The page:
By R. Lundy Bancroft,Jay G. Silverman,Daniel Ritchie
By R. Lundy Bancroft,Jay G. Silverman,Daniel Ritchie
By Henri, Parens
When we glance for reasons for struggle we flip to historical past in addition to nationwide, ethnic, territorial, and or political concerns, between many others, yet we additionally are inclined to forget about the mental components that play a wide position. Parens discusses such mental elements that appear to steer huge teams into clash. principal between those are the psychodynamics of large-group narcissism. Interactional stipulations stand out: hyper-narcissistic large-groups have, in historical past, triggered a lot narcissistic damage to these they think they're better to. yet this can be in most cases via the narcissistically injured group’s experiencing excessive point adverse destructiveness towards their injury-perpetrator which, in time, will compel them to revenge. between teams which were engaged in serial conflicts, wars have from this psychodynamic narcissism-based cyclicity.
Parens info a number of the psychodynamics that led from international warfare I to international struggle II and their respective aftermath, and he addresses how significant components that gave upward thrust to those wars needs to, can, and feature been counteracted. In doing so, Parens considers thoughts through which civilization has and is constructively fighting wars, in addition to the necessity for additional cutting edge efforts to accomplish that finish.
By Daniel H. Rellstab,Christiane Schlote
War, migration, and refugeehood are inextricably associated and the advanced nature of all 3 phenomena bargains profound possibilities for illustration and misrepresentation. This quantity brings jointly overseas individuals and practitioners from quite a lot of fields, practices, and backgrounds to discover and problematize textual and visible inscriptions of warfare and migration within the arts, the media, and in educational, public, and political discourses.
The essays during this assortment deal with the tutorial and political curiosity in representations of the migrant and the refugee, and view the built nature of different types and ideas resembling ‘war,’ ‘refuge(e),’ ‘victim,’ ‘border,’ ‘home,’ ‘non-place,’ and ‘dis/location.’ Contributing authors have interaction with probably the most urgent questions surrounding warfare, migration, and refugeehood in addition to with the ways that struggle and its multifarious results and repercussions in society are being framed, propagated, glorified, or contested.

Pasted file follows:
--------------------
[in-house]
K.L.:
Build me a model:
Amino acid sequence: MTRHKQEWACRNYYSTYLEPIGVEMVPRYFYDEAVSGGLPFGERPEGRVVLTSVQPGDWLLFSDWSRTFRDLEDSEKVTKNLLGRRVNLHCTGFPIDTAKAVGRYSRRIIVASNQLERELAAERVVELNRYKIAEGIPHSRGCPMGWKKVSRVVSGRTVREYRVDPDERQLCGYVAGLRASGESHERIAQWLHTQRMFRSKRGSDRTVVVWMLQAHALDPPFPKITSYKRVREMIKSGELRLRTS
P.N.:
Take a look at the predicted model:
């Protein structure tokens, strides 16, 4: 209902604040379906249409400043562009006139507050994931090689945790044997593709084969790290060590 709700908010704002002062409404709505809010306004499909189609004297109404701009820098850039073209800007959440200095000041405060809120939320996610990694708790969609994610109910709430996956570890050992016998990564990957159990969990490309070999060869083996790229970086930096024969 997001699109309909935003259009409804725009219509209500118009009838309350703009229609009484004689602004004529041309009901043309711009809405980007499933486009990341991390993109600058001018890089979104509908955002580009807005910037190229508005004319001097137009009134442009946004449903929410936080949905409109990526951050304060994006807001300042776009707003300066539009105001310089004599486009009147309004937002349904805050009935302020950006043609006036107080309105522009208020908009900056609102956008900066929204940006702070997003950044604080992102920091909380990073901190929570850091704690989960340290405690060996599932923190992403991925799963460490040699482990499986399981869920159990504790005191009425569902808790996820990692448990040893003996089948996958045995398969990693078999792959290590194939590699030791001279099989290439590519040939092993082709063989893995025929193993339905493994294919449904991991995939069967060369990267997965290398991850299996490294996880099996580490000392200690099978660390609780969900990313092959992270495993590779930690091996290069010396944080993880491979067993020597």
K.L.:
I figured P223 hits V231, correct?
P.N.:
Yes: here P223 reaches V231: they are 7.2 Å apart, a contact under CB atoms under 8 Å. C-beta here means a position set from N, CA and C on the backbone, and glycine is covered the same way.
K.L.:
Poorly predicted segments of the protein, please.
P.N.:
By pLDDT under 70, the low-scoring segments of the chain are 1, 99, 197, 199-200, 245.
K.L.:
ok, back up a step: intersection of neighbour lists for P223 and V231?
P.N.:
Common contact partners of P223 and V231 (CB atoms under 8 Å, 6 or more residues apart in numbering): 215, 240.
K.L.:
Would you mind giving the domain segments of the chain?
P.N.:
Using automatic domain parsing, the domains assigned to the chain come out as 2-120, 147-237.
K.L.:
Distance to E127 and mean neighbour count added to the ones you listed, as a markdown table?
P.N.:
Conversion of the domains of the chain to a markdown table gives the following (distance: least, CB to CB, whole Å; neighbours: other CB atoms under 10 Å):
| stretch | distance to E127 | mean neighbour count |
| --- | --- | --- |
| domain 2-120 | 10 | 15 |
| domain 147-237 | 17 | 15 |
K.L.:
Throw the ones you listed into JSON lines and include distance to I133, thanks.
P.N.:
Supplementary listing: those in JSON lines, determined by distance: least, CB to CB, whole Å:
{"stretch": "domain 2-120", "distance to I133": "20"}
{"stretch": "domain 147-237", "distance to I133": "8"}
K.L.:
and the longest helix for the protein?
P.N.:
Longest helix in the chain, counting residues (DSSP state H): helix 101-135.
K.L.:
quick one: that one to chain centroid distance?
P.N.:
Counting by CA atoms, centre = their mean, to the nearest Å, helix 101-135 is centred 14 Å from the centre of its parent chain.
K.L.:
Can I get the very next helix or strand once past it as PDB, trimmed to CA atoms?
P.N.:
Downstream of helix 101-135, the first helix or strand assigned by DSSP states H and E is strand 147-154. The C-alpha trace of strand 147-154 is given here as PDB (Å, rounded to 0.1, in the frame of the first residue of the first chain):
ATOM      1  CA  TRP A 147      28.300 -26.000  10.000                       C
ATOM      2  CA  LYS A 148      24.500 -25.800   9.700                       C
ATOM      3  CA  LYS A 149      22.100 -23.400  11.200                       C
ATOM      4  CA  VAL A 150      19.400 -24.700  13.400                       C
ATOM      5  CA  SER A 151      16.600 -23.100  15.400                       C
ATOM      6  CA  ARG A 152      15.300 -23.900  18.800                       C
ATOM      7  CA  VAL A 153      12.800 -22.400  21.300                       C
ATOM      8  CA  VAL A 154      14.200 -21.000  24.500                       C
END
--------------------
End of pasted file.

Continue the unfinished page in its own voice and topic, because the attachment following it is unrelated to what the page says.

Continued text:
This quantity initiates an interdisciplinary debate which re-evaluates the connection among struggle, migration, and refugeehood and their representations.
By Diane Enns
We be aware of that violence breeds violence. we want glance no additional than the wars within the western Balkans, the genocide in Rwanda, or the continued predicament in Israel and Palestine. yet we don’t understand how to house the messy ethical and political quandaries that outcome whilst sufferers turn into perpetrators. whilst the road among guilt and innocence wavers and we're faced by way of the soreness of the sufferer who turns to violence, judgment can give technique to ethical relativism or liberal tolerance, compassion to a pity that denies culpability. this is often the purpose of departure in The Violence of Victimhood and the impetus for its demand renewed concerns of accountability, judgment, compassion, and nonviolent politics.